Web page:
About the authorFreddie TaylorShare the loveHave your say Chelsea manager Sarri: Italy must do more to eradicate racismby Freddie Taylor10 months agoSend to a friendShare the loveChelsea manager Maurizio Sarri has called on Italy to fix their racism problem following the alleged racist abuse of Napoli defender Kalidou Koulibaly at the San Siro.Koulibaly alleged received the abuse during Wednesday’s loss to Inter Milan, before being sent off after two quick yellow cards.Sarri sympathises with his former player and wants his homeland to do more to fix the problem.”You know in Italy there are some problems in football, especially for Naples,” Sarri said.”When I was there we stopped two matches; one against Lazio in Rome, one against Sampdoria in Genoa.”I’m really very sorry for Kalidou because he is a wonderful man. I’m sorry for him, but I think in Italy we can do something more for this problem.”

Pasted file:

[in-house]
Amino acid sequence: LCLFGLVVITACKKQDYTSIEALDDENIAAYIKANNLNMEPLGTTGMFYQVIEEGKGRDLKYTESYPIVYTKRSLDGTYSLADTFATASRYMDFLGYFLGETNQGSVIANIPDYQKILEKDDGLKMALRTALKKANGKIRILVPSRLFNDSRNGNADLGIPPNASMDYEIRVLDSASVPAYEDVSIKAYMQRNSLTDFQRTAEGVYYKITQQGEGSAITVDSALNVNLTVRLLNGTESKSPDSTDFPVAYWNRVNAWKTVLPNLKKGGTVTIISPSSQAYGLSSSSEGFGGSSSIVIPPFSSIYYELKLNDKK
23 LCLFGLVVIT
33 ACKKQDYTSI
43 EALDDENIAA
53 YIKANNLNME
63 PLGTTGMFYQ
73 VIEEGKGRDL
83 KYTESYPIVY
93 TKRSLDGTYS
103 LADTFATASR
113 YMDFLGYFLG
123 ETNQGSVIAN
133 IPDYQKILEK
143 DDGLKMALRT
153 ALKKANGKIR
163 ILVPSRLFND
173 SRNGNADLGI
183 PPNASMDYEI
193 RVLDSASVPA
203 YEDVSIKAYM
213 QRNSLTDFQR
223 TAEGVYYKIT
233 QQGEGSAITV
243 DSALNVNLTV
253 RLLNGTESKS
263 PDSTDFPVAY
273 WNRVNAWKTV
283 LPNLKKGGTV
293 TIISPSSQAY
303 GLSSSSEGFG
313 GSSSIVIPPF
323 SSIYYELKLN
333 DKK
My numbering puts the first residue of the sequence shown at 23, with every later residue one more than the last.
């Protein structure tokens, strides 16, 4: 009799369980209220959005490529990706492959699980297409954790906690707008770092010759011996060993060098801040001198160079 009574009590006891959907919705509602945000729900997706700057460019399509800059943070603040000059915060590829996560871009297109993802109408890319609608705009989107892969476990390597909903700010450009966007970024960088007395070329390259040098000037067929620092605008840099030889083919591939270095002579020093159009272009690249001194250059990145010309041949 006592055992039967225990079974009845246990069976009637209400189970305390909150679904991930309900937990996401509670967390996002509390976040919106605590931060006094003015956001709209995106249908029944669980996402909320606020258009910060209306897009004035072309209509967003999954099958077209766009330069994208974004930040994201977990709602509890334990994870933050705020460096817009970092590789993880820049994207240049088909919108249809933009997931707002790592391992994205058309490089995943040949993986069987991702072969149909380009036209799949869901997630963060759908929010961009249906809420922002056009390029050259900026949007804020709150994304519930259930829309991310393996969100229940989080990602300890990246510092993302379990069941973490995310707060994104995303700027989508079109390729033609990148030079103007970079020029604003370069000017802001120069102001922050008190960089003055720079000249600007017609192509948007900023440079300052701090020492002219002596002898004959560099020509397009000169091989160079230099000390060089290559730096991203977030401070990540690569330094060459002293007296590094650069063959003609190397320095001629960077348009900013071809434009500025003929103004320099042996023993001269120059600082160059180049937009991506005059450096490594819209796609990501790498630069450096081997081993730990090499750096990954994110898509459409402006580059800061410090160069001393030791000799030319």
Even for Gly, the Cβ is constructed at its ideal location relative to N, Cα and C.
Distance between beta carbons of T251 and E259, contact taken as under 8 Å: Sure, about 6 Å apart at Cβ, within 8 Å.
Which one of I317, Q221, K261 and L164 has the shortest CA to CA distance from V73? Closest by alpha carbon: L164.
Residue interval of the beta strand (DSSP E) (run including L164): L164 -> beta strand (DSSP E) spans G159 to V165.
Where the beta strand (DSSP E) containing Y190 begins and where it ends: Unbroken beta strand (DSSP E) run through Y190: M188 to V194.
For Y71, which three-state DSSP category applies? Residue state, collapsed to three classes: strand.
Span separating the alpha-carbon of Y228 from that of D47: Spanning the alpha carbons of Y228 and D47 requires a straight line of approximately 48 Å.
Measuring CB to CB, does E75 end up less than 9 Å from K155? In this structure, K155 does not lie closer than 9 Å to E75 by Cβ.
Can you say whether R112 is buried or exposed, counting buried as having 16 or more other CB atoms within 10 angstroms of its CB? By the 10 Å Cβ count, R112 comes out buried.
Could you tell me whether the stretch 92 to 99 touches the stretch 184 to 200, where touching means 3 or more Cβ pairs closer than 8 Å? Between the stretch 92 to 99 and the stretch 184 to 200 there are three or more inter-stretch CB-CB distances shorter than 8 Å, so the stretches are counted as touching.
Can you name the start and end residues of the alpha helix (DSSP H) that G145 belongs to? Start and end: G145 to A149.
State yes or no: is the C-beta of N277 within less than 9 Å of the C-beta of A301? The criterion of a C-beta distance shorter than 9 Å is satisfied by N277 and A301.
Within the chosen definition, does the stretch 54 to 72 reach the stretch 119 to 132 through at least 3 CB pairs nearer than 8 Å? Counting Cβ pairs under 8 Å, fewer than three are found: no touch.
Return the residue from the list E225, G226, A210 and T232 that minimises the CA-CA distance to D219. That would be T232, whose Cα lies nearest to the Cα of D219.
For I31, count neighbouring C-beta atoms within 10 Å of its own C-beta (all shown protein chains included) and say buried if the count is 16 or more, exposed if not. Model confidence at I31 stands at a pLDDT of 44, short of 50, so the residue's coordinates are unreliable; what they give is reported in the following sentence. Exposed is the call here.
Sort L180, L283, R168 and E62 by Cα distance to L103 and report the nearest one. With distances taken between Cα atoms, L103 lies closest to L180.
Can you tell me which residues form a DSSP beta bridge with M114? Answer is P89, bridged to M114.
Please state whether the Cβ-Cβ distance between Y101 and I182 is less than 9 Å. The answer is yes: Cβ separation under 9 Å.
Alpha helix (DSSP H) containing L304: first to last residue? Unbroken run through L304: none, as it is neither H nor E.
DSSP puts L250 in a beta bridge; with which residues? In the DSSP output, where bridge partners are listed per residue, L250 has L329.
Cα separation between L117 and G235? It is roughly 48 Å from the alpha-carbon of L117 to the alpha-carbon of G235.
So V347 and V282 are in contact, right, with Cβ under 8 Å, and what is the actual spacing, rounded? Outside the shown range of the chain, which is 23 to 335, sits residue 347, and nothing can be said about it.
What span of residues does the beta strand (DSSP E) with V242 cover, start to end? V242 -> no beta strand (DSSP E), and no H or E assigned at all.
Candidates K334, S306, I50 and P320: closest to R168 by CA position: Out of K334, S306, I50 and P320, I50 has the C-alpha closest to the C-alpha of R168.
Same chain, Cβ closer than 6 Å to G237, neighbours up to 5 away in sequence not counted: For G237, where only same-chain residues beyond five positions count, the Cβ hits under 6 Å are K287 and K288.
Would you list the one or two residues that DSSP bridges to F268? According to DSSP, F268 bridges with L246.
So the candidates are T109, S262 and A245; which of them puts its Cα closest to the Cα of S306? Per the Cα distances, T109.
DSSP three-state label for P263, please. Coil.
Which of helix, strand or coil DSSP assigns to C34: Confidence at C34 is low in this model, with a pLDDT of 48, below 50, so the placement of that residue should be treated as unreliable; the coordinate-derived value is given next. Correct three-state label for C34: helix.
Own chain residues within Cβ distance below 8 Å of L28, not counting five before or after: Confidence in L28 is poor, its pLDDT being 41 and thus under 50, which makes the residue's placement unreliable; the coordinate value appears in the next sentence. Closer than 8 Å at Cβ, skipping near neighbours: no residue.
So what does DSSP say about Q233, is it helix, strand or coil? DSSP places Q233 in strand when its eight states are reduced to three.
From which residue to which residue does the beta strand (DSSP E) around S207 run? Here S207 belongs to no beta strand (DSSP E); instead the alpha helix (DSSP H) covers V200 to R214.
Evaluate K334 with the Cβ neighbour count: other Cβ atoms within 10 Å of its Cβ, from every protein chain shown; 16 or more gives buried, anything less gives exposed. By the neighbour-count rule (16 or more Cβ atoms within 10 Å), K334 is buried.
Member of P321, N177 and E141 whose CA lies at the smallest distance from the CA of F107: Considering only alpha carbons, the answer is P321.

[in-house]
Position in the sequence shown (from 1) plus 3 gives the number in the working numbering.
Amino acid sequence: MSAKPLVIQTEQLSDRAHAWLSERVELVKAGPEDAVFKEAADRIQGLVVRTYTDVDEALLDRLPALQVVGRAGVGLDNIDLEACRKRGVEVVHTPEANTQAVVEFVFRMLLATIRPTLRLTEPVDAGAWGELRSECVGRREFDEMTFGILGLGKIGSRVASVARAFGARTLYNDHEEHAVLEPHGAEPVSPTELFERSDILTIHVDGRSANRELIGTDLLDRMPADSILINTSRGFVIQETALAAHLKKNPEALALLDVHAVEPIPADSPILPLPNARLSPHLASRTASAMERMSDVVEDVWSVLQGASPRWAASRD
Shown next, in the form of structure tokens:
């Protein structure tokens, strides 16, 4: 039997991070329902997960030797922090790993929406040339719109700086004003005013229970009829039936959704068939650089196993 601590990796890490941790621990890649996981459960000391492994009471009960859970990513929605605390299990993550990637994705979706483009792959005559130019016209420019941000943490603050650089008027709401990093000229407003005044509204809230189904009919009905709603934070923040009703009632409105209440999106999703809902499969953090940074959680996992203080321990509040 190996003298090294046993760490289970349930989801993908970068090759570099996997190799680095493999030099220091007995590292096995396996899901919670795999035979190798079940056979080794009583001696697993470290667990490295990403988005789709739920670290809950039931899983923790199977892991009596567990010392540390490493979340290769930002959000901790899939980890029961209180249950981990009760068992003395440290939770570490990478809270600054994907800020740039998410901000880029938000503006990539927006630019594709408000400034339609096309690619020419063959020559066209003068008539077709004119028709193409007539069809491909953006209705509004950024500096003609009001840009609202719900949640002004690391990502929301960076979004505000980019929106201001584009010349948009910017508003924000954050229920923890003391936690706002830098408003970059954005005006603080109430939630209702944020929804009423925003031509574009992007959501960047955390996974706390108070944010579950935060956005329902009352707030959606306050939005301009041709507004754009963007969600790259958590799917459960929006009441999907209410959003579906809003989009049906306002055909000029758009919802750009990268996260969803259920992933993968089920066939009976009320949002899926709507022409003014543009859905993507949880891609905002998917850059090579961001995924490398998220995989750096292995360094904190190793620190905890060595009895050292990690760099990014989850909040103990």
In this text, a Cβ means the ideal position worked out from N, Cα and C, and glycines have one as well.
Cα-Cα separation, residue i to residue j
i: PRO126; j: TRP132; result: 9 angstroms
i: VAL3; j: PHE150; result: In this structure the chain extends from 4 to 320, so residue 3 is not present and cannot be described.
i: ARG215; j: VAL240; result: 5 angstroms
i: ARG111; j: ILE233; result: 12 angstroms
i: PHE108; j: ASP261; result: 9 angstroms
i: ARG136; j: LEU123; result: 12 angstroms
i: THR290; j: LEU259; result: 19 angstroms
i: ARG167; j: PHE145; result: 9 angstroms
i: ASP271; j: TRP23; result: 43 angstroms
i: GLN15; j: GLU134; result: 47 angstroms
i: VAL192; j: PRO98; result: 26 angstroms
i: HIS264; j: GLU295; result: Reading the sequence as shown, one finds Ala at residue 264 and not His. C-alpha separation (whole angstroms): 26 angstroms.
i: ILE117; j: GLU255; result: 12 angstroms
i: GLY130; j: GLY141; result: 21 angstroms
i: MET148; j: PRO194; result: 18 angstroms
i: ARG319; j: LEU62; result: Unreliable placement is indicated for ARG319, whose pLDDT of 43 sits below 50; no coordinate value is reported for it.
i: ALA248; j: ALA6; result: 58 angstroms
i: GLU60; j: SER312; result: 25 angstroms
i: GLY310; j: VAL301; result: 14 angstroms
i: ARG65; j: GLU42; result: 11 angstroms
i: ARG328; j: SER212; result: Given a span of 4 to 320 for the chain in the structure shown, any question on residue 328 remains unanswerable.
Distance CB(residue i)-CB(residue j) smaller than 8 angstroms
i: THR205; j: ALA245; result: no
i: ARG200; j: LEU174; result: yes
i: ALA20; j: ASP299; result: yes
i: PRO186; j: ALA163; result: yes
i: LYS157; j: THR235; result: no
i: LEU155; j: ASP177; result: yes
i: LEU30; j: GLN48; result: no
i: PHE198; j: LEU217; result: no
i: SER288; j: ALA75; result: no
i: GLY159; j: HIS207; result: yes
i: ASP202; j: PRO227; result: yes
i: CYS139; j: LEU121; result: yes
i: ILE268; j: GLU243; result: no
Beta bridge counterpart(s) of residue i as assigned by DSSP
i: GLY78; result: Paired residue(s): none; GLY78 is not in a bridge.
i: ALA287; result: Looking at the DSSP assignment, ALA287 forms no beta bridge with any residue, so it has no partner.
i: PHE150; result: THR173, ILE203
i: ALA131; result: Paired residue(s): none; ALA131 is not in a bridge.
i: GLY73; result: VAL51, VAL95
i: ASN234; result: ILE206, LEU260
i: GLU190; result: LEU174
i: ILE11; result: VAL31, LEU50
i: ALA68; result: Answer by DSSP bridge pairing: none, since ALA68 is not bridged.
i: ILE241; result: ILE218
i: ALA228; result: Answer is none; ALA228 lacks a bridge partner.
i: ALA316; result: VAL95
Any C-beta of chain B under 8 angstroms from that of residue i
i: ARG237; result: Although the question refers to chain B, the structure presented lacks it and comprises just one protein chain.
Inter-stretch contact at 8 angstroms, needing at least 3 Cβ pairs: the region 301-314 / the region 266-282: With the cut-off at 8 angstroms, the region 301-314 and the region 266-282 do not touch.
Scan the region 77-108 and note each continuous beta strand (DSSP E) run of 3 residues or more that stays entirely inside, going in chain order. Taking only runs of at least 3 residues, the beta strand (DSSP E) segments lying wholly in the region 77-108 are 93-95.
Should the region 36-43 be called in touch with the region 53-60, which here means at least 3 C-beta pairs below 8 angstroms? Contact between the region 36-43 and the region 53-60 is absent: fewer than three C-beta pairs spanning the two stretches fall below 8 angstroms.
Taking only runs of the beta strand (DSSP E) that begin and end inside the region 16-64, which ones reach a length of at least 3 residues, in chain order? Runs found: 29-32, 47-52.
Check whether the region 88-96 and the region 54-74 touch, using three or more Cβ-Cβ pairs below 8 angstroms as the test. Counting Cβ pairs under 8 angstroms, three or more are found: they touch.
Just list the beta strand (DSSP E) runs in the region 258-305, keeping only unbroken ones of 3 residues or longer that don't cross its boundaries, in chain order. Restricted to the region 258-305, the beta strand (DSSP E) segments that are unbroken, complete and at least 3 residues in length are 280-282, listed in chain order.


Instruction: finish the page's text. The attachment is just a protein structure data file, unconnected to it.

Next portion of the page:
82000Connecticut361+47.4—+47.4 Source: Kenneth Massey, Sonny Moore 12016Connecticut380+54.7+52.9+53.8 More: Apple Podcasts | ESPN App | RSS | Embed The Hot Takedown crew dissects UConn’s fourth straight championship. 152012Notre Dame354+41.2+40.6+40.9 It’s getting harder every day, the search for unused superlatives to heap upon the University of Connecticut women’s basketball team. On Tuesday night, the Huskies captured their fourth consecutive NCAA championship with an 82-51 rout of Syracuse. The victory made star forward Breanna Stewart four-for-four on titles during her four years in Storrs and capped off a run the likes of which hasn’t been seen in the college game since John Wooden’s UCLA squad won seven straight men’s championships in the late 1960s and early ’70s.UConn is all about rings — coach Geno Auriemma now has a record 11 of them, after all — but a championship can only really signify supremacy over the competition within a given season. When a team dominates as thoroughly as these Huskies have (they won their NCAA Tournament games by an average of 39.8 points per game), history becomes the only opponent. And even against that standard, UConn keeps raising the bar.Gathering stats on women’s sports — even a popular one like basketball — is a notoriously (and shamefully) frustrating endeavor, but we can try to quantify a team’s dominance using historical data from Kenneth Massey and Sonny Moore, a couple of the power-rating makers featured in our women’s tournament prediction model. (Massey’s data goes back to 1997-98, while Moore’s picks up in 2004-05; the other two rating systems from the model do not provide historical archives.) 162008Connecticut362+40.5+39.6+40.1 By Neil Paine 22015Connecticut381+51.2+52.5+51.8 212011Texas A&M335+38.4+38.9+38.7 Admittedly, power ratings aren’t everything. For one thing, in the absence of player-level era adjustments like FiveThirtyEight editor-in-chief Nate Silver’s Baseball Time Machine, they aren’t capable of accounting for changes in absolute quality of competition over time. But, if anything, the women’s game is evolving rapidly enough that UConn probably faced more talented opponents in Stewart’s senior season than it did when she was a freshman. And in the face of those changes, the Huskies adjusted even more quickly, upping the ante for how good a college team could be.It’s anyone’s guess how much of this impossibly steep ascent UConn can maintain after the likes of Stewart and Morgan Tuck depart for the WNBA next season. But for now, let’s take a moment to appreciate what the Huskies accomplished these past few years: a run of dominance so impressive that even future incarnations of UConn will have trouble topping it. 42010Connecticut390+52.2+49.0+50.6 Embed Code 72009Connecticut390+49.9+45.3+47.6 32014Connecticut400+56.3+46.3+51.3 132011Connecticut362+41.5+41.3+41.4 The greatest NCAA women’s teams since 1997-98 And to the extent we’re able to measure things,1In this case, I set Massey’s and Moore’s ratings on the same scale and averaged them for years in which both numbers are available; for seasons before that, I just used Massey’s rating. the 2015-16 Huskies were the best team of the modern era of women’s college basketball … supplanting the 2014-15 Huskies … who supplanted the 2013-14 Huskies. Each of Stewart’s final three years saw new ground broken in the area of women’s basketball greatness. 232008Tennessee362+39.9+37.1+38.5 POWER RATING 52002Connecticut390+49.8—+49.8 121998Tennessee390+41.4—+41.4 202011Stanford333+38.7+38.7+38.7 172013Notre Dame352+40.2+38.3+39.2 62013Connecticut354+47.4+49.0+48.2 YEARTEAMWINSLOSSESMASSEYMOOREAVERAGE 182006Duke324+40.1+38.2+39.1 112013Baylor342+43.0+41.5+42.3 222010Stanford362+39.6+37.5+38.5 92012Baylor400+48.6+43.6+46.1 142012Connecticut335+40.5+42.1+41.3 242007Tennessee343+40.7+36.1+38.4 192001Connecticut323+38.7—+38.7 102014Notre Dame371+44.0+42.6+43.3 251999Tennessee313+37.9—+37.9